In that time Karen grew restless with the isolation of studio work and began to do landscape design and installation, drawing on her family background in horticulture. She enrolled in the U.C. Berkeley Landscape Architecture program for working professionals commuting from Point Reyes to the U.C. campus three week nights and all day Saturdays for four years to graduate. She put the lessons she learned in land use planning and ecology to work at home, growing first Jasmine Cottage, then designing the site plan and building for Gray’s Retreat, then finally the gardens. Karen’s professional experience in the field and decades of living in Marin gave her a solid background for her years of community service in west Marin: teaching “West Marin Day” for the Marin Environmental Forum; acting as a guide for the Marin Agricultural Land Trust; serving as president of the board of the Environmental Action Committee; and acting as President of the Point Reyes Village Association. She wrote and illustrated “The Family Guide to Point Reyes.”

Karen raised a family in The Schoolhouse™. They, in turn, raised quail and award-winning chickens with the Point Reyes 4-H. Today, the Point Reyes Schoolhouse Compound has become a fulfilling venture for Karen. It serves as a gracious home base for guests who share her love of the rolling hills and farmlands, ocean beaches, forests and wildlife of Marin County. “If we are to hope that the present and future citizens of America will dedicate the necessary money and governmental oversight to protect these precious lands,” she says, “then we who are blessed to live here must be willing to share with others what it is that they are asked to preserve. I see my work on the Point Reyes Schoolhouse Compound as a daily opportunity to do just that.” For her, it is the perfect blend of farmland roots, shared love of wilderness, and professional satisfaction.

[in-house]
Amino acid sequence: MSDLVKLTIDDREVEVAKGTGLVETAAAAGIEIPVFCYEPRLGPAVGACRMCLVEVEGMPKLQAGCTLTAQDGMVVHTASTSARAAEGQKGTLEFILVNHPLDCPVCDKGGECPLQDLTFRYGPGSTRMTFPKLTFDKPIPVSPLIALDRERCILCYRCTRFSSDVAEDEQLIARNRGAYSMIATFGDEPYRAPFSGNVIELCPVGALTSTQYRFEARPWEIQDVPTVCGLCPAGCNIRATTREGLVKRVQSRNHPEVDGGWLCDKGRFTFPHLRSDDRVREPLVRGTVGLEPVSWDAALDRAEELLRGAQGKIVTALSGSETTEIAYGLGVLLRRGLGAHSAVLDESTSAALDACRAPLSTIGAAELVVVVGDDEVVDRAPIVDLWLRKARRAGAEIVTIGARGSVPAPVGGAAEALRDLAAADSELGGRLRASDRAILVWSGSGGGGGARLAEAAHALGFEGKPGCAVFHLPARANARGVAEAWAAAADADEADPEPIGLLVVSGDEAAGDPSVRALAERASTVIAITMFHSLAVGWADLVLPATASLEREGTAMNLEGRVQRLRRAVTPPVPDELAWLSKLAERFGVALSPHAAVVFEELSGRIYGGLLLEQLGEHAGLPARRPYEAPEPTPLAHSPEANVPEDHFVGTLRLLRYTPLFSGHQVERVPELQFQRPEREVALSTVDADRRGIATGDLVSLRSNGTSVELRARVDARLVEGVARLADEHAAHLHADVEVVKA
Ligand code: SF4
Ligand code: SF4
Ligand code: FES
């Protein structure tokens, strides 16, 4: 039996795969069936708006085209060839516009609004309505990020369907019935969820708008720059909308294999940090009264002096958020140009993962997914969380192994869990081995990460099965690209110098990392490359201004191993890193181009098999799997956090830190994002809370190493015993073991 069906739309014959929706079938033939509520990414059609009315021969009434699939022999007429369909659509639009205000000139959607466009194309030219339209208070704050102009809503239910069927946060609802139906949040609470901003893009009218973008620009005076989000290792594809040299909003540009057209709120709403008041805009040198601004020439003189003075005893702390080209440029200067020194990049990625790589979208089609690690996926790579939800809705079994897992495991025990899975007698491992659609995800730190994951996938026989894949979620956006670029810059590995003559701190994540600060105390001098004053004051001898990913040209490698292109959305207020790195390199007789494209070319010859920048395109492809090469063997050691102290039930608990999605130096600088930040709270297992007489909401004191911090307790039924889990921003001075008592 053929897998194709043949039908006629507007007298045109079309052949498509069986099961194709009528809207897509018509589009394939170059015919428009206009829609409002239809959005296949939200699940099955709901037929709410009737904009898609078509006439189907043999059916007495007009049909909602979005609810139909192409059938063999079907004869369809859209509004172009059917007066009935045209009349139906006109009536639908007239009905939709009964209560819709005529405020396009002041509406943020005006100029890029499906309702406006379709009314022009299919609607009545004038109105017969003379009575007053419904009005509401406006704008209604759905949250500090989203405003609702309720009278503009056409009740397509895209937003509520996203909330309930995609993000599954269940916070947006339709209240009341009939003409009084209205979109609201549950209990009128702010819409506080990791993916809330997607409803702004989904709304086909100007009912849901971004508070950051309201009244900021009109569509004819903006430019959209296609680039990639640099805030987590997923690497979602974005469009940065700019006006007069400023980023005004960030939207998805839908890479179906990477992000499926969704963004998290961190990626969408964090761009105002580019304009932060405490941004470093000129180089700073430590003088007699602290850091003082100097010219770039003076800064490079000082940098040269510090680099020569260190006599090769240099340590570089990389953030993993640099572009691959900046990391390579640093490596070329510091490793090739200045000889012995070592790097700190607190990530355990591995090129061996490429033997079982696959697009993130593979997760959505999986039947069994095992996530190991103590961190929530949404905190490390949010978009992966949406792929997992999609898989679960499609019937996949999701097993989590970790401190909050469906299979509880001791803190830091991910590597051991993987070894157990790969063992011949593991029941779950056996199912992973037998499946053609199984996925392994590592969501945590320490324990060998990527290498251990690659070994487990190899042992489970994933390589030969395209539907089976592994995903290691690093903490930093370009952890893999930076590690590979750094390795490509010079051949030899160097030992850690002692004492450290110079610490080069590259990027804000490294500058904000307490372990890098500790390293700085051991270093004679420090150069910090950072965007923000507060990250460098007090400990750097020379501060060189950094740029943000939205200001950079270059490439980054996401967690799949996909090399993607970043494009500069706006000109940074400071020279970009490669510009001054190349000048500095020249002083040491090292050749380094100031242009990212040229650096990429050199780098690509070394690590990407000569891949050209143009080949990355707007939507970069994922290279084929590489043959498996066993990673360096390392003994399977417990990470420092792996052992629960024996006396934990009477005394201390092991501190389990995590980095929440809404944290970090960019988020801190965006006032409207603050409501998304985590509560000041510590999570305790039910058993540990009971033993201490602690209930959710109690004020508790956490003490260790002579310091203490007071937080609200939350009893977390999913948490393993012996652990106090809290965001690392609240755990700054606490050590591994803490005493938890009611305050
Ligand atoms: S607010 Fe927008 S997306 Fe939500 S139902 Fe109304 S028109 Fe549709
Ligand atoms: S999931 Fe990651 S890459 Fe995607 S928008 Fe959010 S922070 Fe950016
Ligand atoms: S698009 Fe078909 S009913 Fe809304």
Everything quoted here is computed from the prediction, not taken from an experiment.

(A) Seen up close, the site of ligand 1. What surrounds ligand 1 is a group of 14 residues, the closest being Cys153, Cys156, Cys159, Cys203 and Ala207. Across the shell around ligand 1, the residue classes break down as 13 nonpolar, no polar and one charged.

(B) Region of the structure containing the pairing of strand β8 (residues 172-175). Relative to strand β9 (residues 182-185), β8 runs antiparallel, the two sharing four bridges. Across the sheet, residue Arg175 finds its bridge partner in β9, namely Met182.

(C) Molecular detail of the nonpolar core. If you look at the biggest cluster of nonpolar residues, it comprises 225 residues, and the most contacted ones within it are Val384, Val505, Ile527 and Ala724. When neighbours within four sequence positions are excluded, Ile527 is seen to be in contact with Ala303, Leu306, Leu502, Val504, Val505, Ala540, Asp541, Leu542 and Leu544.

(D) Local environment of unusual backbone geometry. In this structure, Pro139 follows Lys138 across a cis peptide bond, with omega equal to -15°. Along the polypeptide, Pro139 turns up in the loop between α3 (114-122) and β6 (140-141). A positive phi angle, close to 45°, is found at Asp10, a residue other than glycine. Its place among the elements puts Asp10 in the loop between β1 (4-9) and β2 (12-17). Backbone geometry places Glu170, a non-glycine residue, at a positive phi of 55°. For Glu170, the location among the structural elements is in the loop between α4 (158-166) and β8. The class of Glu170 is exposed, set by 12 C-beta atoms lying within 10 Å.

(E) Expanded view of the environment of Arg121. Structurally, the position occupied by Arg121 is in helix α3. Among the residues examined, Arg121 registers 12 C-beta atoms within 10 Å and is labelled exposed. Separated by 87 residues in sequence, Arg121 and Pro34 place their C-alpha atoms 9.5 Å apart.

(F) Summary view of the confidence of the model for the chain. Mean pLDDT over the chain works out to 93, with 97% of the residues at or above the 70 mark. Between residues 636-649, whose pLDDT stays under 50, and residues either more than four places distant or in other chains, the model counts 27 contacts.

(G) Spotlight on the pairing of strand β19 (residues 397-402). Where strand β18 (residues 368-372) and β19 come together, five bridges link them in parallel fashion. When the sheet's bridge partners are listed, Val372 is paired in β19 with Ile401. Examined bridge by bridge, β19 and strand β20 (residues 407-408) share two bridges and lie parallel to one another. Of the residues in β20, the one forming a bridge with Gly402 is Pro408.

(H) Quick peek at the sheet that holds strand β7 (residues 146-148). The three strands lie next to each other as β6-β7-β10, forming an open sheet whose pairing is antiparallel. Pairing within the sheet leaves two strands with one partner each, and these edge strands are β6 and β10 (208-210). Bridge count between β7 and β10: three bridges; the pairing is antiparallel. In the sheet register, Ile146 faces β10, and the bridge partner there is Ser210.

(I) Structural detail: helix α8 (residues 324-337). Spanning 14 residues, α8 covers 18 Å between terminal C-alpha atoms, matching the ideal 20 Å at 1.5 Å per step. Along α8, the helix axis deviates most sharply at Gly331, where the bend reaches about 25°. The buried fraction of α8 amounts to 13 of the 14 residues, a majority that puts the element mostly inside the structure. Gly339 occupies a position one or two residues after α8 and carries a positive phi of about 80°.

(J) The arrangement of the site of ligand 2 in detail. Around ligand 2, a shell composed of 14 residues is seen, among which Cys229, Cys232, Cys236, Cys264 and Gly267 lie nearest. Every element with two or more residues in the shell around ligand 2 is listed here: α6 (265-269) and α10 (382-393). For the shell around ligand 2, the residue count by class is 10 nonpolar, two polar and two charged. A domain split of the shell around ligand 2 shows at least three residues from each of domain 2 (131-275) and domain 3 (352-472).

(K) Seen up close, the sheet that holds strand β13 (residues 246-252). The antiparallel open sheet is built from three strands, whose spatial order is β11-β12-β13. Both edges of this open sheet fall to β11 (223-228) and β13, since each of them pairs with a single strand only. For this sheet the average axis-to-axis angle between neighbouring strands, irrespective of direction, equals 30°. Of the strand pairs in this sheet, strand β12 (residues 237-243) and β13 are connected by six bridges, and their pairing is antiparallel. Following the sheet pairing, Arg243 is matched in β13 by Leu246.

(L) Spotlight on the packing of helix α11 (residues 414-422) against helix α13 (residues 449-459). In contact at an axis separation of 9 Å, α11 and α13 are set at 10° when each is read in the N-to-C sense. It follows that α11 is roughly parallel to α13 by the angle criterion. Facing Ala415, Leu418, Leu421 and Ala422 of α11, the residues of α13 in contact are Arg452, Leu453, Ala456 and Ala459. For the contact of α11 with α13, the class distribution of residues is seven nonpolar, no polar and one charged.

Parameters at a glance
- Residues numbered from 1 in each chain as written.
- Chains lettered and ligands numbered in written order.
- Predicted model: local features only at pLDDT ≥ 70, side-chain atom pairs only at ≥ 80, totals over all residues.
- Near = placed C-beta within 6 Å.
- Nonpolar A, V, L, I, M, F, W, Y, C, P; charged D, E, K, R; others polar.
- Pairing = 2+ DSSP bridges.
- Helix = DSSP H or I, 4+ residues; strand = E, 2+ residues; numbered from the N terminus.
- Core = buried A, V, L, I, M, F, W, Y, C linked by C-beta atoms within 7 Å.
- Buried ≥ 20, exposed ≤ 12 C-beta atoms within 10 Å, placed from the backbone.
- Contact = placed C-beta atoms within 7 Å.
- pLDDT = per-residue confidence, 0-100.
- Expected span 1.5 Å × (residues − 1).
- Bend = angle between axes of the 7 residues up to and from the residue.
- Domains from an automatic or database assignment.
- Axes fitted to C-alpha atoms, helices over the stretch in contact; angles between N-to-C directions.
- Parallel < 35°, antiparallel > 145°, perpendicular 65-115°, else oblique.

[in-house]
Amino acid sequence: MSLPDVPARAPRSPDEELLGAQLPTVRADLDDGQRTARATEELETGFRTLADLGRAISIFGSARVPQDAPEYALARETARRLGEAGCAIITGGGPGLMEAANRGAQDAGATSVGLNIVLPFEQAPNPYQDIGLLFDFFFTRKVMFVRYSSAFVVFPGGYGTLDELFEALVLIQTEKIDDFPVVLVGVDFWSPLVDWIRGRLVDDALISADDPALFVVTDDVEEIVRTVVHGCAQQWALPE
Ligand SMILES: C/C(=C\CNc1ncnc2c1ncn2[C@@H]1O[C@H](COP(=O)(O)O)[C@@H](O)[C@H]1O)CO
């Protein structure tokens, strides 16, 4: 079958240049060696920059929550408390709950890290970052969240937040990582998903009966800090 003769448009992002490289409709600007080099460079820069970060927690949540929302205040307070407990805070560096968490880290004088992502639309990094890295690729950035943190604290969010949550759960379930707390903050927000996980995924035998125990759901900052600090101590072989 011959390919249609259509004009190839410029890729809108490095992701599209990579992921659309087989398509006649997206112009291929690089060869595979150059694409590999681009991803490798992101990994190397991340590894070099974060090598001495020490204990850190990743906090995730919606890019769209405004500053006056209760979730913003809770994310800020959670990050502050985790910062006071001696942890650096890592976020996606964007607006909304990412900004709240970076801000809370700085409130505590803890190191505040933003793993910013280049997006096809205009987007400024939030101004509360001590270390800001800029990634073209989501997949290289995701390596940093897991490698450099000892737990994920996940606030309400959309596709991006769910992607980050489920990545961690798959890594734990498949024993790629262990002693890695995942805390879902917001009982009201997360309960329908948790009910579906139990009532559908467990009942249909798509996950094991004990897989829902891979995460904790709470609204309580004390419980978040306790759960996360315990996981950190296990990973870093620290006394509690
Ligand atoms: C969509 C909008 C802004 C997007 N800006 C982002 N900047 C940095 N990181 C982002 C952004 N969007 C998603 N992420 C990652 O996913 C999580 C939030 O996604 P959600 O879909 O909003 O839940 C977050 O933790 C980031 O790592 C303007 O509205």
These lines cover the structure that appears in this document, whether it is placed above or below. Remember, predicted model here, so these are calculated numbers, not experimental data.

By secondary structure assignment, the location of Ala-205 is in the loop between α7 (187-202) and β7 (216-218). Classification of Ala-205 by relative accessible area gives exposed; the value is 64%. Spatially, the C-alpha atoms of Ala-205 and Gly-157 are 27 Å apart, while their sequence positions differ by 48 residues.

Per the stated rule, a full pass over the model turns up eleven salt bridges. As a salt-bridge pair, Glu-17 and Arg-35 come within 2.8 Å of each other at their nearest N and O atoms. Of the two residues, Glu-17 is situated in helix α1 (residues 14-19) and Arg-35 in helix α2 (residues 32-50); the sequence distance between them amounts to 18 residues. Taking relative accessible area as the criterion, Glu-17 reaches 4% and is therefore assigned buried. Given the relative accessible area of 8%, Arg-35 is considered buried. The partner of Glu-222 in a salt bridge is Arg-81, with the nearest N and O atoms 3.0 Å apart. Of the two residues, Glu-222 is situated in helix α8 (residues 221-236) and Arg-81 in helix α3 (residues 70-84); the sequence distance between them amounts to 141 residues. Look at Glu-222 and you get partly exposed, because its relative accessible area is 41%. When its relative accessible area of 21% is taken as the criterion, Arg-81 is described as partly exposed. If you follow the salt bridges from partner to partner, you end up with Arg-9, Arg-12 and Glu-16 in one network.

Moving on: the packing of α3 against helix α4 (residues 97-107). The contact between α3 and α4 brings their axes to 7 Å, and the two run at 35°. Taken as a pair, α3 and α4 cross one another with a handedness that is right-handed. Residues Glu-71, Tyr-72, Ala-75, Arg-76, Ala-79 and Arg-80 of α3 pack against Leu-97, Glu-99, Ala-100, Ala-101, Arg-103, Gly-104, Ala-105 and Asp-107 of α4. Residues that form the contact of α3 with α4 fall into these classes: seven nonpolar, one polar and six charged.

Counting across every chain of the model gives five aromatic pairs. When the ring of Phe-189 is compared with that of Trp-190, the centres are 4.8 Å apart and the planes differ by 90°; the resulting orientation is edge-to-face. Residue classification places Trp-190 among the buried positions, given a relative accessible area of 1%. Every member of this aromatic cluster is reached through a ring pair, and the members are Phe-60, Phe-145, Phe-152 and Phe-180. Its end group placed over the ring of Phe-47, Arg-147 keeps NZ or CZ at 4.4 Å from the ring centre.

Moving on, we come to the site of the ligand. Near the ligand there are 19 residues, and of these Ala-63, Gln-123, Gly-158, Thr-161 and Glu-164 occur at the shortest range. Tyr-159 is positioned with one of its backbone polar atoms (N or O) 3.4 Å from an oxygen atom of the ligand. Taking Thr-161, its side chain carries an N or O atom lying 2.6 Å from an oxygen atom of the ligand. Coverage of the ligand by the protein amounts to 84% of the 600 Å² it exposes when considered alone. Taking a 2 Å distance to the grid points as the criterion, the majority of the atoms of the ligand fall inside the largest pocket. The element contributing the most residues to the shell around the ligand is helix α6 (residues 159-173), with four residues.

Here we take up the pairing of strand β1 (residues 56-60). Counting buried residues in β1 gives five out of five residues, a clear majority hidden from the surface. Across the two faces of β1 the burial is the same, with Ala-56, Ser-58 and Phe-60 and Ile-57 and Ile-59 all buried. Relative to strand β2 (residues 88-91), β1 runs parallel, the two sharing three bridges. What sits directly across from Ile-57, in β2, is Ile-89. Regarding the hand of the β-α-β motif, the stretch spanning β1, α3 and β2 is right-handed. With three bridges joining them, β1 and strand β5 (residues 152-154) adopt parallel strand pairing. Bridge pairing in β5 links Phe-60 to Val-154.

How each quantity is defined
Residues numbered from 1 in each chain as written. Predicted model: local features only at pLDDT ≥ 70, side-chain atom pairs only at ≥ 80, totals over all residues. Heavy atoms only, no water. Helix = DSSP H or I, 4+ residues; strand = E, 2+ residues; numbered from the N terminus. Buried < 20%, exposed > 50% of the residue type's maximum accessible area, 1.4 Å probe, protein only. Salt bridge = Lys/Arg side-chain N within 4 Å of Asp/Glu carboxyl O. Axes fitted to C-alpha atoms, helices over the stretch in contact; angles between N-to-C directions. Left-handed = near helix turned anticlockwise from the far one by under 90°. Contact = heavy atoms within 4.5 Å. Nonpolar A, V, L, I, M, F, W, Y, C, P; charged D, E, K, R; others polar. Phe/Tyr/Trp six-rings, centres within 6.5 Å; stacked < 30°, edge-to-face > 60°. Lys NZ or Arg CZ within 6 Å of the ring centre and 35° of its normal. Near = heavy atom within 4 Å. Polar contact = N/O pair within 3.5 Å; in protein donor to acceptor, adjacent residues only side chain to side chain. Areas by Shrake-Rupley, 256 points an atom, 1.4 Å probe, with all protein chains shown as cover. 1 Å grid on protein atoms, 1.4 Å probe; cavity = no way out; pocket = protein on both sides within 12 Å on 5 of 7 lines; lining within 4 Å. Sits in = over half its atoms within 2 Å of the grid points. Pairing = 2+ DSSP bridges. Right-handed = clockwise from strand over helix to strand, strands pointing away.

When we bought the Point Reyes Schoolhouse in 1977, it was a ramshackle mess: five layers of sagging roofs, frightening electrical wiring, bowed floors, rotten windows, no heat, no foundation, (the four boulders were still there, one under each corner). But, it was an historic building and we fell for it, as well as its prospect at the top of the hill looking down on the little town and over to the beautiful Inverness Ridge of the Point Reyes Seashore. We loved being up in the sunshine just a short walk from town.

After ten years of hard work at night and on weekends, with not much more than our carpentry skills and determination, we had a home. We raised children, chickens, vegetables, fruit trees and honey bees here, making blackberry jam every summer. We built the wood-fired oven in the garden, a pond, Jasmine Cottage and Gray’s Retreat. I was a professional artist for many years, then commuted from The Schoolhouse™ to U.C. Berkeley to become a landscape architect.